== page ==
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Web Ecology An open-access peer-reviewed journal
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Volume 18, issue 2 | Copyright
Web Ecol., 18, 143-151, 2018
https://doi.org/10.5194/we-18-143-2018
© Author(s) 2018. This work is distributed under
the Creative Commons Attribution 4.0 License.

Short communication 02 Oct 2018

Short communication | 02 Oct 2018

The older the richer: significant increase in breeding bird diversity along an age gradient of different coppiced woods

Lorenzo Mentil1, Corrado Battisti2, and Giuseppe Maria Carpaneto1 Lorenzo Mentil et al.
  • 1Roma Tre University, Department of Science, Viale G. Marconi 446, 00146 Rome, Italy
  • 2“Torre Flavia” LTER (Long Term Ecological Research) Station, Environmental Service, Città metropolitana di Roma, via Tiburtina 691, 00159 Rome, Italy

Abstract. Forest structural complexity could be a good predictor of overall species diversity. Since tree harvesting has a negative effect on forest structure, it is important to analyse the effects of this disturbance on sensitive groups, as forest birds. In this study, we aimed to shed light on this aspect by analysing a set of univariate metrics in bird communities breeding in three coppiced forest habitats (coppiced of chestnut, coppiced of Turkey oak and high forest of beech) along a gradient in age classes. We hypothesised that, with increasing forest age, (i) breeding bird communities will progressively increase in diversity and, (ii) due to higher habitat heterogeneity due to coppicing, a higher species turnover in the first age classes could appear. In each forest habitat, all the metrics significantly increased, from recently coppiced to more mature forests, due to progressively higher availability of resources and niches along the gradient. When comparing paired forest habitats, abundance and richness were significantly different only in the two oldest age classes, highlighting that responses to different tree composition were more marked in the mature phase. In all forest habitats, species turnover (βw diversity) decreased progressively along the age gradient and was highest in the youngest age classes where many vegetation layers were present. Due to different coppice management practices, growth regime and consequent habitat heterogeneity, chestnuts showed a different pattern when compared to other forest habitats, with an increase in species turnover (βw diversity) at intermediate level. With increasing age of the forests, all the diversity metrics increased and species turnover decreased, highlighting the role of older forests as strategic habitats for highly structured bird communities.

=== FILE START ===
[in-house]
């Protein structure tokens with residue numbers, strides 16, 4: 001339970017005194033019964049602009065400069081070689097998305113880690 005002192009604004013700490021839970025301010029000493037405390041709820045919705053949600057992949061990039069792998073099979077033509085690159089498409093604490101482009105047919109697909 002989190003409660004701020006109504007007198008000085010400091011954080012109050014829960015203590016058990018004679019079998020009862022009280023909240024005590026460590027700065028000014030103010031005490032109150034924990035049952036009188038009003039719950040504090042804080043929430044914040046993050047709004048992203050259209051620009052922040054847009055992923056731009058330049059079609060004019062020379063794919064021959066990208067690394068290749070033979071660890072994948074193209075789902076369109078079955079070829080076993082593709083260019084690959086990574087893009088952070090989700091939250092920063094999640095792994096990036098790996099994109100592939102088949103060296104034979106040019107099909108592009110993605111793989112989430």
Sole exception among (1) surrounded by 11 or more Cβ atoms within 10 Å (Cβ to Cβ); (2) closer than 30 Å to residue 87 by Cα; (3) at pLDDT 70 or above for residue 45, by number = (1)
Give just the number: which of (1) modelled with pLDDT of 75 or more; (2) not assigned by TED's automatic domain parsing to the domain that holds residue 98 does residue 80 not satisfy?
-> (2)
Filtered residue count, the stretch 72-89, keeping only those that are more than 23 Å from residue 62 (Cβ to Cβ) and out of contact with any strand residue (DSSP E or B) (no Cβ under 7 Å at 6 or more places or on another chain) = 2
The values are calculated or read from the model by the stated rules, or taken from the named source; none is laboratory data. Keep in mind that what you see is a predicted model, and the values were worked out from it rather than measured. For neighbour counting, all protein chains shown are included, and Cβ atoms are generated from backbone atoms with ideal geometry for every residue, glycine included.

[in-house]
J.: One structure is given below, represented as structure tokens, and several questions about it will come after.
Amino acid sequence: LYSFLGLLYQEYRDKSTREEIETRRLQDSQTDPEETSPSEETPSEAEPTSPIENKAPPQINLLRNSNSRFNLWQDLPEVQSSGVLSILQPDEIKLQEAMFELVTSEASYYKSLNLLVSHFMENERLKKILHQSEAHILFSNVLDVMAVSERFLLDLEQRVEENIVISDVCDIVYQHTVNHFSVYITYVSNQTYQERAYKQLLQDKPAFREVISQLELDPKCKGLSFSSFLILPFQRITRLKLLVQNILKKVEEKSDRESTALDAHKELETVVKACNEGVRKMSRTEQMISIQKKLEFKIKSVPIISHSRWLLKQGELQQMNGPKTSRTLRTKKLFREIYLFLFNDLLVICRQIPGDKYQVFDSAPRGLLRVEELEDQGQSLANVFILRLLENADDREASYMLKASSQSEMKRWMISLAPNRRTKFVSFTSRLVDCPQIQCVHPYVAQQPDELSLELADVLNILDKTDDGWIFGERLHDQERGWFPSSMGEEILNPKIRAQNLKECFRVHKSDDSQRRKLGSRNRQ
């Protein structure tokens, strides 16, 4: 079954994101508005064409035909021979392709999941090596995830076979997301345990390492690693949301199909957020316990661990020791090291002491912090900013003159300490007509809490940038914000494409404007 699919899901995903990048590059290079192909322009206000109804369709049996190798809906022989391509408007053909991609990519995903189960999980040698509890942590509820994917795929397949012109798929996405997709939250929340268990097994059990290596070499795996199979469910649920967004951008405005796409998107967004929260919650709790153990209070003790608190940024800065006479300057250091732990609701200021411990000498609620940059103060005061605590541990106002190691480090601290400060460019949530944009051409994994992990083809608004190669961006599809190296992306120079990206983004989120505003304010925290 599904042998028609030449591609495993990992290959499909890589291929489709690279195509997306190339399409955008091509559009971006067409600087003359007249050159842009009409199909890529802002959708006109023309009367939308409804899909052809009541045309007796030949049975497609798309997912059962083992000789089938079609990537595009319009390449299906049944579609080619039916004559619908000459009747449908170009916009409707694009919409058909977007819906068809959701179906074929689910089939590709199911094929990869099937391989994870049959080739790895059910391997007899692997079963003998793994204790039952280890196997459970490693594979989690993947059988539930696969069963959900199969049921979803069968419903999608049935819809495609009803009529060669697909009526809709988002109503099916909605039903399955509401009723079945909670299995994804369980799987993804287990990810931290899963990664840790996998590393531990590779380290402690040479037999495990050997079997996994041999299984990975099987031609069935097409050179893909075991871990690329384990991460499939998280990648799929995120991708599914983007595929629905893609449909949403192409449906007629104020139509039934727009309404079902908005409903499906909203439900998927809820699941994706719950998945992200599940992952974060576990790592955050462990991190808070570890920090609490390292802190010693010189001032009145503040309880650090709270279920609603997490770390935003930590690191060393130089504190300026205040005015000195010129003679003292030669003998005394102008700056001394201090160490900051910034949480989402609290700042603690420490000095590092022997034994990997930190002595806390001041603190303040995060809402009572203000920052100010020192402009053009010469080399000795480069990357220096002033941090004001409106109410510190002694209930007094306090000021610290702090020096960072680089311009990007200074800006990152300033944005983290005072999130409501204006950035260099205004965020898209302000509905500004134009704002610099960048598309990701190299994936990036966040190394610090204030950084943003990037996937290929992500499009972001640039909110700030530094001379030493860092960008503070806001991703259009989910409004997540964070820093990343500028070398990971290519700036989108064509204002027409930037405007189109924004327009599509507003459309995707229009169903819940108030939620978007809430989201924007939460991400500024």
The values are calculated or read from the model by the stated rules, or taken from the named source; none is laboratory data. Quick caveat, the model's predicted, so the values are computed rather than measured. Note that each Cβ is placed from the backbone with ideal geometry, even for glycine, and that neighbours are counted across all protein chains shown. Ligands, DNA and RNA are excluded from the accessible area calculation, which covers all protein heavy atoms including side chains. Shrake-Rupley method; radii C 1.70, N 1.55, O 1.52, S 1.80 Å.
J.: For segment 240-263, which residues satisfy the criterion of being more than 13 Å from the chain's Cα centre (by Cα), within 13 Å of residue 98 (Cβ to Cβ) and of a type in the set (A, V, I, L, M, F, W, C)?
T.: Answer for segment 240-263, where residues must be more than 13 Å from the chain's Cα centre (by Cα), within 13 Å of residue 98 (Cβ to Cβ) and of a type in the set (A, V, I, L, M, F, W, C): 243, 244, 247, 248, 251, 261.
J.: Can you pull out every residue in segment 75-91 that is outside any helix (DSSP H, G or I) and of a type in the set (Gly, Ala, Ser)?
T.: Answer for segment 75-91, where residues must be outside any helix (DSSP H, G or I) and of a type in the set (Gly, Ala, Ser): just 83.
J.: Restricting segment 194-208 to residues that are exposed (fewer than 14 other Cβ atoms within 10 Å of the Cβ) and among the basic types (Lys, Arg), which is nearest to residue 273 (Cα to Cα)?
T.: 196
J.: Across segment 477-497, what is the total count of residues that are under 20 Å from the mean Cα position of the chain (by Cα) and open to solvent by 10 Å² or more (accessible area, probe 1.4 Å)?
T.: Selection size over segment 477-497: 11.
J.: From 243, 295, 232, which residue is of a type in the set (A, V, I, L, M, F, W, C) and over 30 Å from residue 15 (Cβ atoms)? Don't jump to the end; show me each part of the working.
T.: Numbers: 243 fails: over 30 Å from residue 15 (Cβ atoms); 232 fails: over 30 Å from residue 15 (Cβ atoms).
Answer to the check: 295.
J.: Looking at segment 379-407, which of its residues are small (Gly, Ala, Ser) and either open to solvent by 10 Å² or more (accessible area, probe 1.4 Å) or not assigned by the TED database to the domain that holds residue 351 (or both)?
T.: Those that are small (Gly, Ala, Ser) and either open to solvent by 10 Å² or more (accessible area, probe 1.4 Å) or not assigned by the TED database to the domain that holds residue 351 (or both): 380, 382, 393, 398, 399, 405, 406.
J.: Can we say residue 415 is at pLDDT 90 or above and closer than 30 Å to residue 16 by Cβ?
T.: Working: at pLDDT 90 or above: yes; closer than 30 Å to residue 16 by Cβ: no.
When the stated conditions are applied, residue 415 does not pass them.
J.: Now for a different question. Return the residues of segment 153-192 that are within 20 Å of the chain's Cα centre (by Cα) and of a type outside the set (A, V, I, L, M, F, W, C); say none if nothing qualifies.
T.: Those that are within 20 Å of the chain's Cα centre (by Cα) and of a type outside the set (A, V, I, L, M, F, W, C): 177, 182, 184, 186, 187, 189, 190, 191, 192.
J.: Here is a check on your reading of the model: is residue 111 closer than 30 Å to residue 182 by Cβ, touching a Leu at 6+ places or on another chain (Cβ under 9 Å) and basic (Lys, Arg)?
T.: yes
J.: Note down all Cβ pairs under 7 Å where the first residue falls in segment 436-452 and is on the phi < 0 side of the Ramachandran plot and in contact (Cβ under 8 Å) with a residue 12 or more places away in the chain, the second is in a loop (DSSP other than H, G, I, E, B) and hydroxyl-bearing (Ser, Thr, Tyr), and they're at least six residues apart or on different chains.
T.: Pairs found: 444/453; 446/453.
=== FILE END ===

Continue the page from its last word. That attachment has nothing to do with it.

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In this study, we studied the effect of forest coppicing on birds inhabiting three different Mediterranean forest habitats. We observed a significant increase in diversity along the age gradient with implications for forest management.
In this study, we studied the effect of forest coppicing on birds inhabiting three different...
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